Note: Do not confuse essential oil of garlic with garlic oils. The term "garlic oil" refers to garlic extracted by means of oil. Garlic essential oil is the pure oily component of the herb, and, like other essential oils, it is potentially toxic.

[Edit] [Revisions] [Writers] Side Effects and Warnings

#Safety Issues

As a commonly used food, garlic is on the FDA's GRAS (generally recognized as safe) list. Rats have been fed gigantic doses of aged garlic (2,000 mg per kilogram body weight) for 6 months without any signs of negative effects. ^[1] Long-term treatment with standardized garlic powder at a dose equivalent to three times the usual dose, along with fish oil, produced no toxic effects in rats. ^[2] The only common side effect of garlic is unpleasant breath odor. Even "odorless garlic" produces an offensive smell in up to 50% of those who use it. ^[3] Other side effects occur only rarely. For example, a study that followed 1,997 people who were given a normal dose of deodorized garlic daily over a 16-week period showed a 6% incidence of nausea, a 1.3% incidence of dizziness on standing (perhaps a sign of low blood pressure), and a 1.1% incidence of allergic reactions. ^[4] There were also a few reports of bloating, headaches, sweating, and dizziness.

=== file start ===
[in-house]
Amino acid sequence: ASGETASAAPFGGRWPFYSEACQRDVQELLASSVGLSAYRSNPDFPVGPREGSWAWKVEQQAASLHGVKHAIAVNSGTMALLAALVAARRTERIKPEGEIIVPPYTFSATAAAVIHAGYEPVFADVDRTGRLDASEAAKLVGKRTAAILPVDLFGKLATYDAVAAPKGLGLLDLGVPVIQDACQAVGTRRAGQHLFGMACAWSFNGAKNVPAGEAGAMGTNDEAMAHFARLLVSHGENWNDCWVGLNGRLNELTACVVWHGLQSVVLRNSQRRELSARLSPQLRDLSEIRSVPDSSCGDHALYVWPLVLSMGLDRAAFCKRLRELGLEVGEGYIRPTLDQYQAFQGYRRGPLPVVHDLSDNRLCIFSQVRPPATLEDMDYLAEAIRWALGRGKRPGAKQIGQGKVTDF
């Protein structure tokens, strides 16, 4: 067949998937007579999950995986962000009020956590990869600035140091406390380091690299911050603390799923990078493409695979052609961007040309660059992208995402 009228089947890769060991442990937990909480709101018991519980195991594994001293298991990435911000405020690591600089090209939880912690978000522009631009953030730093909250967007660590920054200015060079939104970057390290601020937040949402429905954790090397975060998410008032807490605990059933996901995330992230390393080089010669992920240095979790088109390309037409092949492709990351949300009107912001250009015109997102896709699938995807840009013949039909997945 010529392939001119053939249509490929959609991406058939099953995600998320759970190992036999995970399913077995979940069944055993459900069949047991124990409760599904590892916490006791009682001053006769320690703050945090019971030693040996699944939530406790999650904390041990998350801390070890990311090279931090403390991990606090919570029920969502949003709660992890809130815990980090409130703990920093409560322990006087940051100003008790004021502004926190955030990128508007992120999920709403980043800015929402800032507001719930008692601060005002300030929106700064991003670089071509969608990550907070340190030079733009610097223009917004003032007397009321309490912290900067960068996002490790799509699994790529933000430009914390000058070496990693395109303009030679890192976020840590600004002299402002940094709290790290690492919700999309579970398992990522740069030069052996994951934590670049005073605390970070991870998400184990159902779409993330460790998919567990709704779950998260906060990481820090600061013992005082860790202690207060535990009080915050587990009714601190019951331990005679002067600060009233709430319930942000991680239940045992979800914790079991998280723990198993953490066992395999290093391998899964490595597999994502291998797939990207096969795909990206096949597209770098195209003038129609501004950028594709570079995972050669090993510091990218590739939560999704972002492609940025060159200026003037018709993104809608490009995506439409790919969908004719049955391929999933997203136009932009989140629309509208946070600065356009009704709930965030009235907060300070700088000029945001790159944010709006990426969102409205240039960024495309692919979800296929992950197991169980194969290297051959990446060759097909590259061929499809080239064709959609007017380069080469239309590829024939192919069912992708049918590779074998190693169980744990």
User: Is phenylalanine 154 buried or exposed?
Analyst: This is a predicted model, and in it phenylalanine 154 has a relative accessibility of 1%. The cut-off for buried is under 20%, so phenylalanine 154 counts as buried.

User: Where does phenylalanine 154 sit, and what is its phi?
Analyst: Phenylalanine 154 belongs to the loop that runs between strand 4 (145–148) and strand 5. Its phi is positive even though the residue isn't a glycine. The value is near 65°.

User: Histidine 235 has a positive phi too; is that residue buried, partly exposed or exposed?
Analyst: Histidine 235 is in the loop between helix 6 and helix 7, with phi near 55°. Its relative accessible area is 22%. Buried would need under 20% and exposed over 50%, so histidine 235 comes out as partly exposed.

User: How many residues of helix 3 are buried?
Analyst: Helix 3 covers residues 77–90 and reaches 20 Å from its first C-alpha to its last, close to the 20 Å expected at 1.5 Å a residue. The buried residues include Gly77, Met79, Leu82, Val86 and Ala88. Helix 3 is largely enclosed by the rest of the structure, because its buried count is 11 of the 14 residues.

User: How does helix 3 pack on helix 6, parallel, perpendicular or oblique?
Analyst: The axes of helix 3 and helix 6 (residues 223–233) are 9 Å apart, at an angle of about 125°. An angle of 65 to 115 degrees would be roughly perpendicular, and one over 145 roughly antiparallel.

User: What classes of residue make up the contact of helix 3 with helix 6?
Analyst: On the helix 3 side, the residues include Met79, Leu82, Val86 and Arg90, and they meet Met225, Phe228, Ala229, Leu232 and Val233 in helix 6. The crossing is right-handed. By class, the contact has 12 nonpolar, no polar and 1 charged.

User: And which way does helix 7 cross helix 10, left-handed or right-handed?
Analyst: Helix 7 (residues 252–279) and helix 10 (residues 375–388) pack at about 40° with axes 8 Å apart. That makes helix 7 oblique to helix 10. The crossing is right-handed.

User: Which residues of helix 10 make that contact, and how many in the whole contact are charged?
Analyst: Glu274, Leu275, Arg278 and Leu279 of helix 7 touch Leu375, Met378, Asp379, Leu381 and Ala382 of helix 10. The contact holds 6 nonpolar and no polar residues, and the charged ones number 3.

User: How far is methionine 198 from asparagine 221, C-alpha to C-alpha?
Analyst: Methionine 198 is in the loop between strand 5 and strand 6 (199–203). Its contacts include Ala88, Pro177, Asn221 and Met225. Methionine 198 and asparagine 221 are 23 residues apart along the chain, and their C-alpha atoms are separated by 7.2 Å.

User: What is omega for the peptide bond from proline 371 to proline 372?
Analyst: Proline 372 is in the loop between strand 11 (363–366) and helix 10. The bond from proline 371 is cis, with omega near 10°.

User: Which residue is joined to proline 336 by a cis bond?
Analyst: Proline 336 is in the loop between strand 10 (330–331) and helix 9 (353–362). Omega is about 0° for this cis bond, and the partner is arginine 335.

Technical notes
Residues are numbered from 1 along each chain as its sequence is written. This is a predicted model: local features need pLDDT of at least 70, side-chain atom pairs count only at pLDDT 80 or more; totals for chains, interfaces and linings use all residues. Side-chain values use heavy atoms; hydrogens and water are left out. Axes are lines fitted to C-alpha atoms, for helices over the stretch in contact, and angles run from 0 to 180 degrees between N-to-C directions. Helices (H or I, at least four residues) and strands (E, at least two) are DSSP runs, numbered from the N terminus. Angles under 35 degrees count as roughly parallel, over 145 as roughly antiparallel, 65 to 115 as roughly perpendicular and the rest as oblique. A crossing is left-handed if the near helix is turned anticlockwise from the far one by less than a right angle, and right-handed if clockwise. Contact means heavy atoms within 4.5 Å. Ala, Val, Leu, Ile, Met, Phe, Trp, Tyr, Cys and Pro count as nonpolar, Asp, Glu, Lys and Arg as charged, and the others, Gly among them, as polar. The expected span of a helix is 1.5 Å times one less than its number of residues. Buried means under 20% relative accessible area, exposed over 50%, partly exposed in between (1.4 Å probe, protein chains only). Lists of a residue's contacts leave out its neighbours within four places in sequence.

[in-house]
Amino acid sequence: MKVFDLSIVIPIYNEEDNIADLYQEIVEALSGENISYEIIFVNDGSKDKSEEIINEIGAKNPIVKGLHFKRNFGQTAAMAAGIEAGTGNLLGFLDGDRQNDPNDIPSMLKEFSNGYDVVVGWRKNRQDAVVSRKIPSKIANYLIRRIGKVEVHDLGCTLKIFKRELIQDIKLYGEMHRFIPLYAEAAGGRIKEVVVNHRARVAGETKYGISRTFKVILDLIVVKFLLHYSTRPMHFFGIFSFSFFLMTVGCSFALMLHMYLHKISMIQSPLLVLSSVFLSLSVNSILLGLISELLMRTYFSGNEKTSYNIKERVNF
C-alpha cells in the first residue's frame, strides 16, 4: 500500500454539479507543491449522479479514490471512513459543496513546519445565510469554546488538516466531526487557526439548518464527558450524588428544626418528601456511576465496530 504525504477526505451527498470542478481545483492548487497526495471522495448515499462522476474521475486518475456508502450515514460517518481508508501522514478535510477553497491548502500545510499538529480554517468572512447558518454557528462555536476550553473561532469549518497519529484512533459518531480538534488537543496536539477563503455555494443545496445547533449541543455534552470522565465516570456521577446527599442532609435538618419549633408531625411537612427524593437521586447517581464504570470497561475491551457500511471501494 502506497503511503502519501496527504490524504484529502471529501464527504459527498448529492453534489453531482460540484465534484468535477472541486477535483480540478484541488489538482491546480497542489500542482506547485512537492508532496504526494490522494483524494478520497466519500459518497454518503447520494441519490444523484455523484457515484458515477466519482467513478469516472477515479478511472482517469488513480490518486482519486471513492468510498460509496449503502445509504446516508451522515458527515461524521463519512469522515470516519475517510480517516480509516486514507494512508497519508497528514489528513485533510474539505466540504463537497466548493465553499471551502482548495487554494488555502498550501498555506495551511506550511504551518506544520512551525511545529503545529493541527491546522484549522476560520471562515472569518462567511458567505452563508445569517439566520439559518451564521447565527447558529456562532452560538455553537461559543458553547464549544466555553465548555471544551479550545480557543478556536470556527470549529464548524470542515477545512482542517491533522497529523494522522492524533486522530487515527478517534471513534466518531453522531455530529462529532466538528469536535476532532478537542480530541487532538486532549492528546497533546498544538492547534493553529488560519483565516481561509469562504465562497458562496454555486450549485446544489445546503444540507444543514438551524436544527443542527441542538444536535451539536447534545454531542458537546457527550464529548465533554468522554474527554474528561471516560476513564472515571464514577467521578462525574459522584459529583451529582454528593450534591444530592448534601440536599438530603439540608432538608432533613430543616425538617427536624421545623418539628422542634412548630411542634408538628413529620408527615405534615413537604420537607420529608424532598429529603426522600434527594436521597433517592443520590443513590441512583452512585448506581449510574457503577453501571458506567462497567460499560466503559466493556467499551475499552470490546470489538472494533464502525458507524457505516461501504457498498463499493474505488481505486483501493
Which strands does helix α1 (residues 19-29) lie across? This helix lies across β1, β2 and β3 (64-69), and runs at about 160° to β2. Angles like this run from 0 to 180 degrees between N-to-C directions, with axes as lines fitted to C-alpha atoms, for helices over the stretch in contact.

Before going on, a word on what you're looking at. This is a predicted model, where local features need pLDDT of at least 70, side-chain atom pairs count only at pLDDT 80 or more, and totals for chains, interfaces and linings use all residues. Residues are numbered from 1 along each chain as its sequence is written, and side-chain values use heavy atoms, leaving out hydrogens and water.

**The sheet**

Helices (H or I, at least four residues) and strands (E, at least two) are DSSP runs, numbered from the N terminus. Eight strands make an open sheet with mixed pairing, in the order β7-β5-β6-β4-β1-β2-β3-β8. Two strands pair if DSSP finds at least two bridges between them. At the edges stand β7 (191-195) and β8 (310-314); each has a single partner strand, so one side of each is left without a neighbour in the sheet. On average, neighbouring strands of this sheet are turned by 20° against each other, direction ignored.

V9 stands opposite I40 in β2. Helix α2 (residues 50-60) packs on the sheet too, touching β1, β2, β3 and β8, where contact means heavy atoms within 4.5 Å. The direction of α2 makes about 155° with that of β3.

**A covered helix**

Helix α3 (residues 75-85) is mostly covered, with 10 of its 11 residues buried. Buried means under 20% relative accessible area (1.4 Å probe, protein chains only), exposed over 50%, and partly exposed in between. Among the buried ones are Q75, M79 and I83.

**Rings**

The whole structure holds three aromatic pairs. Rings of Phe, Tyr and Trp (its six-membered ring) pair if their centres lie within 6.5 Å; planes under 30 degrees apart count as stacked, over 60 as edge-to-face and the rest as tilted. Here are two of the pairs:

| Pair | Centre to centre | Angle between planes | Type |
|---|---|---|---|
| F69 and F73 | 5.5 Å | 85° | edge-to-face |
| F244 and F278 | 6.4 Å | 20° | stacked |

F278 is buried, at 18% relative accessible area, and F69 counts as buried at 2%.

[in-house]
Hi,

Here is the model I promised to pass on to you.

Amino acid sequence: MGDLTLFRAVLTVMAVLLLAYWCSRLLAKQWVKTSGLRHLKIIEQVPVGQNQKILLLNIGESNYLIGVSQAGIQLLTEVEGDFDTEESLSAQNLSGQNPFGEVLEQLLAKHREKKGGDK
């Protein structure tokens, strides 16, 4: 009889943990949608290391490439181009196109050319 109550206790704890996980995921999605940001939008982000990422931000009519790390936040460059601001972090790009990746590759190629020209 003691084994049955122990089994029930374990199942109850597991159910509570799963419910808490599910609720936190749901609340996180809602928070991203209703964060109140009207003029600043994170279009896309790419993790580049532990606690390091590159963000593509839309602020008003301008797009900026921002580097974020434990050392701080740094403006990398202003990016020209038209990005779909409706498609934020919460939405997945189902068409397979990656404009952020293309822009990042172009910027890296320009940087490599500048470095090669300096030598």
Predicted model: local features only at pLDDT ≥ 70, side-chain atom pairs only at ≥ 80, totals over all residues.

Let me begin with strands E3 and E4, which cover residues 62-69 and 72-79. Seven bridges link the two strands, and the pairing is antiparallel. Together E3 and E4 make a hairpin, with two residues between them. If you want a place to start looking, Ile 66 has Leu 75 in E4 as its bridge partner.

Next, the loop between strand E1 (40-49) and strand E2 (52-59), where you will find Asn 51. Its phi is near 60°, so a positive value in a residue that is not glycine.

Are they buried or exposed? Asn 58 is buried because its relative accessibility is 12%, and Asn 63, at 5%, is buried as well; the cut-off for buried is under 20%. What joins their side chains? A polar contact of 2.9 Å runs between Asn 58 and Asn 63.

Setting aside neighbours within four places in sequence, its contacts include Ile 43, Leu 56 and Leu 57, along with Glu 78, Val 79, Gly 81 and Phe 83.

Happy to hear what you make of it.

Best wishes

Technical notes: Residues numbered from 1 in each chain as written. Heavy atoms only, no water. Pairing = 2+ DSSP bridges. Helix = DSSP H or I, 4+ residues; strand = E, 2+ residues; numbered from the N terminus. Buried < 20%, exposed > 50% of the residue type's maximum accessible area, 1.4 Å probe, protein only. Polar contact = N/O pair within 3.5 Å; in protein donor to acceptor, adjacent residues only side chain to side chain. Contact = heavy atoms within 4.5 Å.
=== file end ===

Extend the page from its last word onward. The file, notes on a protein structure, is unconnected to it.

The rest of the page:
When raw garlic is taken in excessive doses, it can cause numerous symptoms, such as stomach upset, heartburn, nausea, vomiting, diarrhea, flatulence, facial flushing, rapid pulse, and insomnia.